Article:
If the authors of this letter disagree with specific scientific conclusions made public by NASA scientists, we encourage them to join the debate in the scientific literature or public forums rather than restrict any discourse.

In other words, put up or shut up. Clearly NASA doesn’t have the same concerns about the scientific conclusions of their scientists that these former NASA employees do.

So why did the 49 former NASA employees sign this letter filled with naive or dishonest claims against NASA and the researchers at GISS? Without asking each and every signer, it’s impossible to say beyond guesswork. Perhaps the signers were misled by the authors. Perhaps they’re concerned about budget cuts gutting manned space flight more than it already has been (all the signers are from Johnson Space Center in Houston, where Mission Control is located). Perhaps they’re merely ignorant of how much elementary science would need to be wrong in order for human-driven climate disruption to be incorrect.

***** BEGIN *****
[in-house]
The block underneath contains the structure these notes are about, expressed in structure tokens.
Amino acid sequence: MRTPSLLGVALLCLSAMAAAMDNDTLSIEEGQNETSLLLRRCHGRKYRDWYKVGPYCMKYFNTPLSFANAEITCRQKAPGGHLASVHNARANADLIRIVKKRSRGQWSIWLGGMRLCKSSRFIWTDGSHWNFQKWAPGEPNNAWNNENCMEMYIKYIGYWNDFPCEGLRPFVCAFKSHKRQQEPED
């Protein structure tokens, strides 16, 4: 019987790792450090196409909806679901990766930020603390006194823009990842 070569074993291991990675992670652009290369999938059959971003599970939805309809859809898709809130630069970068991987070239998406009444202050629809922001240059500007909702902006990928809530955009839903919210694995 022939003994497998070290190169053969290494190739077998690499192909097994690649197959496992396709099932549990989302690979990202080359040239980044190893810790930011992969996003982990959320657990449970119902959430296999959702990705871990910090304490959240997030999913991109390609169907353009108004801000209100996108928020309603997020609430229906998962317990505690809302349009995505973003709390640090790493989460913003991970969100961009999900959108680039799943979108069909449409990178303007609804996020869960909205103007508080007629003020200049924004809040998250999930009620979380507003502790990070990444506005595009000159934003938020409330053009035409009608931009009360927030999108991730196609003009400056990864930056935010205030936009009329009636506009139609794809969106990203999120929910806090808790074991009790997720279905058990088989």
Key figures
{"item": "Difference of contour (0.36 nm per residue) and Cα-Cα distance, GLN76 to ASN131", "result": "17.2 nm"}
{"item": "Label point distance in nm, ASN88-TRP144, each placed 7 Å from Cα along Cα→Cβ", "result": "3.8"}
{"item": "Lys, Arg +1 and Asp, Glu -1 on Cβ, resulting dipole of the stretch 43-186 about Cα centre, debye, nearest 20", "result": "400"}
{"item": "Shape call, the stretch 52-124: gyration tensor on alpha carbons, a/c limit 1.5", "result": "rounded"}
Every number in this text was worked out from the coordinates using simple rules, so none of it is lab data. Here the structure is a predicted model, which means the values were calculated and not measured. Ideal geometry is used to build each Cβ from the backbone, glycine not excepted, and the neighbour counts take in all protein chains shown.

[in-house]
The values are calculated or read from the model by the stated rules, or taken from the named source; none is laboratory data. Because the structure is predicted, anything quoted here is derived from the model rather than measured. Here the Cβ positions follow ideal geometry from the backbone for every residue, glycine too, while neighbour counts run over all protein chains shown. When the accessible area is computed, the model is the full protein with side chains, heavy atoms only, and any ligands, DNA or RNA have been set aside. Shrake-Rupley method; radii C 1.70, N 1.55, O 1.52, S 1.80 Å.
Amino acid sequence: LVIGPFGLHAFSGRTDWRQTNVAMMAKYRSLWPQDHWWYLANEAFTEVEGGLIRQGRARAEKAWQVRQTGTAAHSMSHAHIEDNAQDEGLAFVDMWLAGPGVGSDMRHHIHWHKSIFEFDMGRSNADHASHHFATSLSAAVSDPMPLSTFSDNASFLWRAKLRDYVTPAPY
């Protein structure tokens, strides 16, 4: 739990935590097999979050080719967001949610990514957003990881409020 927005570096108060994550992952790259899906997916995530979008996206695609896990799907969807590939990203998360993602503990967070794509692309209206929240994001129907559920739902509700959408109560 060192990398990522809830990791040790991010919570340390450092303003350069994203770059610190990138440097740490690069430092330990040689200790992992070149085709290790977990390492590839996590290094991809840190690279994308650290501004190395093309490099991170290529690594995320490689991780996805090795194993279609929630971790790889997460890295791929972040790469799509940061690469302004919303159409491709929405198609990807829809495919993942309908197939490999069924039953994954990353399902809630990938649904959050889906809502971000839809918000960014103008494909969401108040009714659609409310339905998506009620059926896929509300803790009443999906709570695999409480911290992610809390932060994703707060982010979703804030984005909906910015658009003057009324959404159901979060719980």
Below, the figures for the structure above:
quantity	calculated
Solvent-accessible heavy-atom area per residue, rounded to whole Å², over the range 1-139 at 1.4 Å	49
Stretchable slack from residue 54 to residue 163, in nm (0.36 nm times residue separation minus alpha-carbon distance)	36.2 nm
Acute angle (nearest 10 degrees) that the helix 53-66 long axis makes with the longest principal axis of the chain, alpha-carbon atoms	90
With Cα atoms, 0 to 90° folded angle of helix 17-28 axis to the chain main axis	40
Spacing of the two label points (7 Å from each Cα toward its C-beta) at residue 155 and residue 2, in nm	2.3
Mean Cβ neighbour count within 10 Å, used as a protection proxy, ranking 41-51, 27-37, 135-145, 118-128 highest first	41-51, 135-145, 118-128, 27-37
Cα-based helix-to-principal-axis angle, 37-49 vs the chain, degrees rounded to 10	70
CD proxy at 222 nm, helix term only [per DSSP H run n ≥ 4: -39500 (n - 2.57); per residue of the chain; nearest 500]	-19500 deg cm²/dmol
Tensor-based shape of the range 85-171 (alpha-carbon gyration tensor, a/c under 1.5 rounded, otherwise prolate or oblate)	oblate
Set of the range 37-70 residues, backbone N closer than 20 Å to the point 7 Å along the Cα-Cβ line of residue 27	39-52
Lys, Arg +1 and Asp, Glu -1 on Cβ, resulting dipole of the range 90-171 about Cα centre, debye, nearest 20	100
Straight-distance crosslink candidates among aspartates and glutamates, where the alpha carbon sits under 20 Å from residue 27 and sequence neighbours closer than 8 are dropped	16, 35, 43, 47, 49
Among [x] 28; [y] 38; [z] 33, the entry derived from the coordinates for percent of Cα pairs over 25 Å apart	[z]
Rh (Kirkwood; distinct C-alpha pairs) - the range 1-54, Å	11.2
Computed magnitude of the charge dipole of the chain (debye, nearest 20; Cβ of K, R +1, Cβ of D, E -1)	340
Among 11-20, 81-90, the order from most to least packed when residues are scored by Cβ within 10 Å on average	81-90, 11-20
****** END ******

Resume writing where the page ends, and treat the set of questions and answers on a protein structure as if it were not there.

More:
Or perhaps it’s as simple as they said in the letter: “At risk is damage to the exemplary reputation of NASA, NASA’s current or former scientists and employees….” Abdalati’s excellent response makes it clear that NASA’s exemplary reputation is intact, as is the reputation of NASA’s current employees.

Unfortunately, the same cannot be said of the reputations of these 49 former NASA astronauts, scientists, engineers, and administrators.

[Ed. Note (4/26/12): A quantum mechanics researcher pointed out to me in an email that my point about Einstein isn’t quite accurate – Einstein was one of the many co-developers of quantum mechanics, so he was an expert in the subject, even if did reject quantum entanglement.]

Other voices of sanity on the letter:

Additional Image Credits:
NASA/Bill Ingalls

32 replies »

  1. Spot on. I read the letter and just felt sorry for the signers. Unfortunately, denialism is less about refuting the science than creating the perception of uncertainty in the science in order to manipulate public perception.